The author's back-of-the-envelope calculation (est. 160 workers transferred * est. 350 work days a year * extra 100-mile commute / average 22 mpg * est. $3.50 per gallon of gasoline) suggests that savings realized by the postal service result in the transferal of nearly $900,000 in direct out-of-pocket expenses for affected postal workers in fuel costs alone. (Not to mention the wear and depreciation incurred by putting one's car through an extra 30,000 miles of driving per year.) Of course, there are additional transit costs incurred by USPS's fleet to bring all the mail down to Baltimore and back. I also suspect it will inhibit other mail processing, such as bulk mail. (Which to some might not come across as the biggest sin.) I don't know enough about parcel processing.

Further details of the Area Mail Processing study about Frederick can be found here -- note that there are two listings for Frederick, one for originating, and one for destinating mail, along with those from processing plant studies across the country.

1 comment:

truckingal said...

I just tonight discovered your page and was most interested in your description of the additional costs involved in the closing of the P&DF-we lost one locally earlier this year. We have definitely seen an increase in delivery time for what should be local mail: a card from my mother 75 miles away goes 60 miles north to Grand Rapids sorting, then is shipped even farther to Lansing, then to our local Post Office 50 miles to the south. Time? Four days! I can drive it in an hour-and-a-half. However, our small rural Post Office is apparently the last to be sorted: the entire town sometimes gets NO First-class mail-usually on Fridays. That didnt happen before the nearest P&DF closed.

Our local Post Office is slated for closure-one of the 3700 small Post Offices on the list. It's the oldest Post Office in the county and has been in operation for 173 years.As a disabled truck driver with probably too much time on my hands, I have been looking into the situation and writing letters steadily since mid-summer. When you mention the additional cost to USPS' fleet to transport the mail back and forth to Baltimore, you touch on what I have discovered: USPS has driven their own transportation costs sky-high with these closings. And their transportation scheduling was already a nightmare of inefficiency. Because of the requirement for Next-Day service (which they are NOT meeting) and need to keep fewer sorting machines and staff busy around-the-clock, they now make multiple duplicate routes to pick up and deliver mail to many larger Post Offices. Transportation is the second-highest cost USPS has, after wages. Diesel is over $4/gal-they are likely paying over $2/mile-and seem to think nothing of adding an extra 50 miles two or three times a day. Therefore they pay out huge dollars for these duplicate routes-it likely costs USPS nearly as much to pay for this additional transportation as they supposedly saved with the closings. The Post Offices on the closing list are not the locations involved in the duplicate routing-their additional mileage is minimal and only twice a day, morning and evening. USPS seems to be studiously avoiding talking about what this huge expense is doing to their financial situation-and few casual observers will realize just how expensive it is to duplicate deliveries. If they were actually running USPS like a business, they would have done everything in their power to cut these costs. Instead, their every decision seems to drive them up.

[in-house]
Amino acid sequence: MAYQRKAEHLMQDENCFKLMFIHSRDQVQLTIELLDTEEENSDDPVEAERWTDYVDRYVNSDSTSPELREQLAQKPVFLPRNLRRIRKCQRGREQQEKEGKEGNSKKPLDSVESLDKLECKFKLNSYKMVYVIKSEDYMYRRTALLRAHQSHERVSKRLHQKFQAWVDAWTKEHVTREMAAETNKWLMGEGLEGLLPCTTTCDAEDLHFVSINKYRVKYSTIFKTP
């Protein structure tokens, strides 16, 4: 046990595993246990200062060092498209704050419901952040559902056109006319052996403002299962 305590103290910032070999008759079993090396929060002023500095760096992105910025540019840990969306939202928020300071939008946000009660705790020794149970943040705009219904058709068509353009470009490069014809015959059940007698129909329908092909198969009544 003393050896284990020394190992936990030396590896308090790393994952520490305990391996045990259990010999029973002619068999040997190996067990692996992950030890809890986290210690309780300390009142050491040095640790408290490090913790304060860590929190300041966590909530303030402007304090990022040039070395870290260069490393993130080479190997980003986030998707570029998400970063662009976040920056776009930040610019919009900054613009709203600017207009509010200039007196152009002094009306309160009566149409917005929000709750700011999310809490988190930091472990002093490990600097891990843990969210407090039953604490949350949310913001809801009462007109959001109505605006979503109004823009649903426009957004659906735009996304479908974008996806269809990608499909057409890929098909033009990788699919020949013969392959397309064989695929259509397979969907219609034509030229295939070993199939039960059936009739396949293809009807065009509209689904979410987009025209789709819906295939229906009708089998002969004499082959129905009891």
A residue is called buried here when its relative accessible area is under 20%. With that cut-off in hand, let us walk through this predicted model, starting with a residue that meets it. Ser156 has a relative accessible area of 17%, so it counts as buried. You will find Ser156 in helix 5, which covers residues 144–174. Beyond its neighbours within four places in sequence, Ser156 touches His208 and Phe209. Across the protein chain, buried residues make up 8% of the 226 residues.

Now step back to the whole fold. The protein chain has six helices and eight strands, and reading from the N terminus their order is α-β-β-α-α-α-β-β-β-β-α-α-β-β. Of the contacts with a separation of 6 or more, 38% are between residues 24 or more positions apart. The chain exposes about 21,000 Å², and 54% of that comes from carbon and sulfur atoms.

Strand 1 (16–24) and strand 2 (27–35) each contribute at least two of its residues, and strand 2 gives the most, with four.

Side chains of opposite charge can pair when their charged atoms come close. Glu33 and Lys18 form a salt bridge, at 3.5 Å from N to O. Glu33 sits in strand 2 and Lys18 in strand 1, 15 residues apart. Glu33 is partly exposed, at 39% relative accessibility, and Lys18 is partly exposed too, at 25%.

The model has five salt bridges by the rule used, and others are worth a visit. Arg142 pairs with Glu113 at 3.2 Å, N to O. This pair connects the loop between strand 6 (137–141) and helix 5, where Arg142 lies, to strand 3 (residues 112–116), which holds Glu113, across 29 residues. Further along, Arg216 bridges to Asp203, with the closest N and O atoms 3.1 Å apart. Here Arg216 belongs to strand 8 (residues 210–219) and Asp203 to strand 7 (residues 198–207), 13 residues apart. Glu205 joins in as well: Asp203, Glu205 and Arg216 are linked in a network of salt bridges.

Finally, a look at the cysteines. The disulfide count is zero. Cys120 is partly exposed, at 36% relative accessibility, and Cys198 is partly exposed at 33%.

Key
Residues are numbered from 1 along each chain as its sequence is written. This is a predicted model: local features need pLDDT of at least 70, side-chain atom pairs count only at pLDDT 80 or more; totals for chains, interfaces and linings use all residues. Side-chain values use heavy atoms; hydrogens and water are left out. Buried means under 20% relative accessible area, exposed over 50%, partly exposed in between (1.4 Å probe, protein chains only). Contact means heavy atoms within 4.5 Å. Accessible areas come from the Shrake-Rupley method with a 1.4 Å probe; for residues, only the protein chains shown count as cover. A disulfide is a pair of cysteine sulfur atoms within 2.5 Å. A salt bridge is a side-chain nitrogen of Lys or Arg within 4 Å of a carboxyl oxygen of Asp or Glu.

Maybe it takes a truck driver to see the big gaping hole in their budget for what it is . . .inefficient routing.